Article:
The University of Alabama
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EBSCO Industries Inc.
Partial muster roll of the C.S.S. Alabama
Portions of the logs for three vessels: the U.S. Barque Virginia; the C.S.S.Alabama; and the C.S.S.Tuscaloosa. The logs document the daily weather, longitude and latitude as well as information about engagements with enemy ships. There is also a list of ships captured by the Alabama from September 5, 1862, to June 20, 1863 and copies of the correspondence between Lieutenant John Low as captain of the C.S.S. Tuscaloosa and various authorities of the British colony of the Cape of Good Hope.
Materials from the papers of this nineteenth-century Madison County, Alabama, attorney who drafted a controversial will for wealthy planter Samuel Townsend which manumitted certain slaves and designated them as Townsend's primary heirs. Selected items include Townsend's will, a deposition given by S.D. Cabaniss concerning his role in the estate, and a report by Rev. William D. Chadick discussing the prospect of settling the newly-manumitted Townsend heirs in Ohio.
Three letters written by Union soldier in Mississippi and Tennessee during the Civil War to his wife, discussing crops, their children, and the war.
Correspondence, diaries, genealogies, and various other documents relating to the life of this violinist, conductor, and teacher
Documents written by Samuel Richmond Caffee. There are also documents written by others about Dr. Caffee.
The Cahill Family Papers consist of personal correspondence to and from Clyde M., Michael J., and Belle Mills Cahill of Ohio. Also included in the collection are receipts and miscellaneous financial documents.
This collection consists of two daybooks, covering the periods July 5, 1869 - Dec 30, 1872 and June 7, 1872 - Jan 11, 1875 and the accounts ledger, 1872-1880. Accounts are listed by person.
A book containing miscellaneous accounts and receipts, 1778- c. 1811. The identifying label states that this is the account book for a sawmill. Many of the entries relate to lumber sales, but others do not, throwing doubt upon the attribution. The cover is inscribed "A Caldcleugh Mill April 28th 1803."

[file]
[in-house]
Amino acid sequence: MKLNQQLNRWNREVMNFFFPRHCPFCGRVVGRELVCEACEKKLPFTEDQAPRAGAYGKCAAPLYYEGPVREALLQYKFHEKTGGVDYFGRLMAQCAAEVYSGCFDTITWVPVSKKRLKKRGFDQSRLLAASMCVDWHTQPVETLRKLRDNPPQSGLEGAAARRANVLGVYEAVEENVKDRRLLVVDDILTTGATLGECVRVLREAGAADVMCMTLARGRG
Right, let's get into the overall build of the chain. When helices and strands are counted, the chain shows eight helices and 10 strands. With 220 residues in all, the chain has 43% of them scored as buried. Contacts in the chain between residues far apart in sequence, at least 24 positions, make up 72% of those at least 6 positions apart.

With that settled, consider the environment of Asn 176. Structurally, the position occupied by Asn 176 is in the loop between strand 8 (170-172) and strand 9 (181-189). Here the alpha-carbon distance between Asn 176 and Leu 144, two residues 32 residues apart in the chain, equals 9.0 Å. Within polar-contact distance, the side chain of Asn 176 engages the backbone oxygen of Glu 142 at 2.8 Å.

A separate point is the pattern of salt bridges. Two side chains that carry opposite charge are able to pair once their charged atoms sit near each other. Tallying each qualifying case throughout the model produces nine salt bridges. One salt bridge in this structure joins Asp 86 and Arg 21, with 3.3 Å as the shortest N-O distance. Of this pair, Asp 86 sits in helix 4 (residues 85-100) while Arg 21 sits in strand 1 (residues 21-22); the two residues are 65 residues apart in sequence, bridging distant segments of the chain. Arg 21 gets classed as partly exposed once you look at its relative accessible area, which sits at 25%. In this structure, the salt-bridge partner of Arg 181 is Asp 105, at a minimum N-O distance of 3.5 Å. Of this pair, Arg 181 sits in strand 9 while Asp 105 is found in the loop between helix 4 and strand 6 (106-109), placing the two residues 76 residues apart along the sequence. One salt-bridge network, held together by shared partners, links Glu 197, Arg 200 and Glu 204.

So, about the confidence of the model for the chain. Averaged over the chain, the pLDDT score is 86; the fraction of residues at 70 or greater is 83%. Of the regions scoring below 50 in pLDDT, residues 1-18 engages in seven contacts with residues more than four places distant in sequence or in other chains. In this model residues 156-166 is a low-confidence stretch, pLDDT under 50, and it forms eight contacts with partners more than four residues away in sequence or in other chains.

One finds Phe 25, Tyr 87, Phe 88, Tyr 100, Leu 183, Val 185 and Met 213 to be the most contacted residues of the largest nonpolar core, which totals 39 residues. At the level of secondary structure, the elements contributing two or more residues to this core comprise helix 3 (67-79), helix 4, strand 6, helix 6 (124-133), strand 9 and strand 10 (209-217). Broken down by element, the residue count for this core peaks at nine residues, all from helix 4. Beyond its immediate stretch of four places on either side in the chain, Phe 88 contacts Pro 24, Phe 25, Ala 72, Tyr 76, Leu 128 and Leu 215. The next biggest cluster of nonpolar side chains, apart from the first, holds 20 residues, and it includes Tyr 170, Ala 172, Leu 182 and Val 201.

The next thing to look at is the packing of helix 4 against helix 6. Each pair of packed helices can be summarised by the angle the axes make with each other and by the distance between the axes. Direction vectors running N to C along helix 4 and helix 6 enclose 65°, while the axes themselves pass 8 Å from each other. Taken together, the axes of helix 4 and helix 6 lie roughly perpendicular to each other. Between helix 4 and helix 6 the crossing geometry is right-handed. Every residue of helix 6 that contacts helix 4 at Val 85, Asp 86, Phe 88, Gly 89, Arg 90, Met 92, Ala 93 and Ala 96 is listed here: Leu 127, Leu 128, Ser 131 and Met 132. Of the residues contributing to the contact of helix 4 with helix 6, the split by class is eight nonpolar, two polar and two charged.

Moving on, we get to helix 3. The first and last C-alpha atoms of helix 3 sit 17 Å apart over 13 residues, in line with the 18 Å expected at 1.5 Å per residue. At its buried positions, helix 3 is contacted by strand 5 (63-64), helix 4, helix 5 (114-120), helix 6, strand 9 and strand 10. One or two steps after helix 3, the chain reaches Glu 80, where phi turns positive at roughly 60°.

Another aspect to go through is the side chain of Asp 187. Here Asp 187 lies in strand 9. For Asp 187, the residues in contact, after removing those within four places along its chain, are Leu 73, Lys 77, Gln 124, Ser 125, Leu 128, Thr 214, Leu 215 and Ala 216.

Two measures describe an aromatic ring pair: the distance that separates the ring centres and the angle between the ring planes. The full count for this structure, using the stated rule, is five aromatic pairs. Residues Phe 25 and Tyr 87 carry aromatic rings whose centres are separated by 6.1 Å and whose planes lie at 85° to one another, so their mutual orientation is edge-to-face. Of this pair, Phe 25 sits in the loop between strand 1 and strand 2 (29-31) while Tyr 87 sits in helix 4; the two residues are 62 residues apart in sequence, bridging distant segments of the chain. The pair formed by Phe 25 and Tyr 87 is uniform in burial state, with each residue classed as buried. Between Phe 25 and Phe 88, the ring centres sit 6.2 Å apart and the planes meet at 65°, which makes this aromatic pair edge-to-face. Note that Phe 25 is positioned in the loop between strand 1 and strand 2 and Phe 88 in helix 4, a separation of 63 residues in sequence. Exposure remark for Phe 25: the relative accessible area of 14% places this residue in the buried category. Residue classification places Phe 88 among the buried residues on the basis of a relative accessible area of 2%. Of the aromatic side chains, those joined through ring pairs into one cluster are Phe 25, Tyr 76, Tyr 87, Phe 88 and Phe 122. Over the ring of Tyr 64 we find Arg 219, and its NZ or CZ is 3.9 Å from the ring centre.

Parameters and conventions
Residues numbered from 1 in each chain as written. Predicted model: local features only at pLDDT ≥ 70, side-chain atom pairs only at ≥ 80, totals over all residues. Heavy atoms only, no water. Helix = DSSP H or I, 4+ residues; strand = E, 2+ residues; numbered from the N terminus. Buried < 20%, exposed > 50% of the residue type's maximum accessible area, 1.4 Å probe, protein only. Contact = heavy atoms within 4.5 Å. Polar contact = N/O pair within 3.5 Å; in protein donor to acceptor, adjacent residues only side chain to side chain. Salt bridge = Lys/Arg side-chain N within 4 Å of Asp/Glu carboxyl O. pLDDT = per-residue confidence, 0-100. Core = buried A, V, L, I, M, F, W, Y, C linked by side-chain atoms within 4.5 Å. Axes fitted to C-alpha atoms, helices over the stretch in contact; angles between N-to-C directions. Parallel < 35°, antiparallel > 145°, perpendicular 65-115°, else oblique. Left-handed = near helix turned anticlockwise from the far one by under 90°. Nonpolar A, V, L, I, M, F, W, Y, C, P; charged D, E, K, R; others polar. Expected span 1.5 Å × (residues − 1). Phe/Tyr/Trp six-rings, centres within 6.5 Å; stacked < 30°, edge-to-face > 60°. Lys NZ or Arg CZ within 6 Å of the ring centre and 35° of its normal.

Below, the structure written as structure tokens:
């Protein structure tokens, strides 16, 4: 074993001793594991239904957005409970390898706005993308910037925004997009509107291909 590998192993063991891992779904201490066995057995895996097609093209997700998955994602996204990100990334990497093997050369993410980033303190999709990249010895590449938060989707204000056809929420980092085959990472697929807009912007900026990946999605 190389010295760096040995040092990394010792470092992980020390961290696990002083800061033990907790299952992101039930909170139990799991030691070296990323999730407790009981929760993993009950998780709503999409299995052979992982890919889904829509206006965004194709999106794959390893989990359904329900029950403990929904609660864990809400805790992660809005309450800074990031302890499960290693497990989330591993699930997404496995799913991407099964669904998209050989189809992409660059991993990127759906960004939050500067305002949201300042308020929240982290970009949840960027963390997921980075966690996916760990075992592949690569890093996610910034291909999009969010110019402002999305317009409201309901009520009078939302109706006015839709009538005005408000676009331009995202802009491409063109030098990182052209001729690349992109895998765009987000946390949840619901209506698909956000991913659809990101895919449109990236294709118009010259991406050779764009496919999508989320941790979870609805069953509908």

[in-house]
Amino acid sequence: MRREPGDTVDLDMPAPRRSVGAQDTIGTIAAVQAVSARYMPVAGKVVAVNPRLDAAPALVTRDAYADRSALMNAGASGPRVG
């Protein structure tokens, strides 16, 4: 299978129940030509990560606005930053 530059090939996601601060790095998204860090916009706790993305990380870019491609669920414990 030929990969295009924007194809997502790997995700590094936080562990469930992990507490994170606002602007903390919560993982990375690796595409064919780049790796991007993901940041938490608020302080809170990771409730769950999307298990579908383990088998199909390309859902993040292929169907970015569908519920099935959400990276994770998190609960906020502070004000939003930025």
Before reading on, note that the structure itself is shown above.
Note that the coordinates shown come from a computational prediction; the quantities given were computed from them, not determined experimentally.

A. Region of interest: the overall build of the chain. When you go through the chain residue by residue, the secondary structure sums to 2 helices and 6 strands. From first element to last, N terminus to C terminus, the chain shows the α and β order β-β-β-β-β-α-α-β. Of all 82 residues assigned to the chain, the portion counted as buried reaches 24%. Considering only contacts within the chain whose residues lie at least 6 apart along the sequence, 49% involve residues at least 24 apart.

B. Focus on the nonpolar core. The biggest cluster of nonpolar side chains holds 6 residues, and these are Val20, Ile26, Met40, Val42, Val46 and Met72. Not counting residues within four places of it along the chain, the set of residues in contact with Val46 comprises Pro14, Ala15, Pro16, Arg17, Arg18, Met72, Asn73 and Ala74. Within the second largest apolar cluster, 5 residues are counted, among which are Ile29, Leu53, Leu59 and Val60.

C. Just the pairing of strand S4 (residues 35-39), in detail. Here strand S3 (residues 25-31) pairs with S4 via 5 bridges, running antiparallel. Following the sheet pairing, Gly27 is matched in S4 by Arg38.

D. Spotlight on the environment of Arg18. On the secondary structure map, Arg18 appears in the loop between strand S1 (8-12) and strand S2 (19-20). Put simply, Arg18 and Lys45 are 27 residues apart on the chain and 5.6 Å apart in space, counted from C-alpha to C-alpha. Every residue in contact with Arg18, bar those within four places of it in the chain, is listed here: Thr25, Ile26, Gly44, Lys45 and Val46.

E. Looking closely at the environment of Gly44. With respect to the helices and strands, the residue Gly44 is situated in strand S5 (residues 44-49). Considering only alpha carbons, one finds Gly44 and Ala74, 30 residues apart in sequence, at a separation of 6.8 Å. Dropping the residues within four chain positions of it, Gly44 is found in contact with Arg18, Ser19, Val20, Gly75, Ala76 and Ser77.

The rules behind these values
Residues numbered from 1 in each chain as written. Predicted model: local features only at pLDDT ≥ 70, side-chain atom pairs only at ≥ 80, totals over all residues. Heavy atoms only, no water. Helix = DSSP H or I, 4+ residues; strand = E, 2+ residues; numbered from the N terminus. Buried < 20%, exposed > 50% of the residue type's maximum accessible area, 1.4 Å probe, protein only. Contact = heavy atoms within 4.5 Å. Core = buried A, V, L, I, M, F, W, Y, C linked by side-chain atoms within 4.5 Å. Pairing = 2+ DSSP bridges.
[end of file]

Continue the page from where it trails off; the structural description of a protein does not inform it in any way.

Genealogy completed in 1958 by Daisy Caldwell and Jessie King Cave. The work documents the life of Hamlin Caldwell of Scottsboro, Alabama, and his descendants.
Letter written by Caldwell, dated 5 September 1861, to James Simms of Charleston, South Carolina, inquiring about a note and asking for assistance in getting a secretaryship with the Confederate Commissioners being sent to Europe.
Business correspondence, legal papers, and reports of land agent for state of Alabama. Does not cover his entire term, 1879-1902.
A 1992 list of names found on gravestones in this Tuscaloosa County, Alabama, cemetery.
Photocopy of the songbook "Calhoun Plantation Songs," 3rd ed. (1923) edited by Emily Hollowell, first published in 1901 to raise money for this Lowndes County, Alabama, school for African-Americans, and six postcard views of the school and students, etc.
A letter from John C. Calhoun, a dentist in Owensboro, Kentucky, to L. W. Gates of Louisville, Kentucky, about an outstanding account.
A miscellany of materials, primarily genealogical records of a large number of families. The collection also contains files on the Hopewell Baptist Church in Fayette County, Alabama, the 26th Alabama Infantry Regiment Company F, Alabama land records, and on women's suffrage.
Letter written by Caller, dated 2 August 1852, from Gosport, Clarke County, Alabama, to Messrs. Jno. A. Winston &c, commission merchants of Mobile, Alabama, asking for a correction on the account of W. McConnell
Papers, primarily letters, of two Tuscaloosa County, Alabama, brothers, Samuel D. Cameron, 2nd Alabama Cavalry and Maxwell A. Cameron, 18th Alabama Infantry Regiment, to their sister, Sarah, and brother-in-law, Isham Robertson, during the Civil War. Additional materials include financial documents and other family letters.
An "Atlantic Cable Charm Book" autograph album owned by a person named Campbell, containing the signature of Sam Houston and various handwritten poems.
Diary of J. O. Campbell, a young man employed as a stenographer and typist in Montgomery, Alabama
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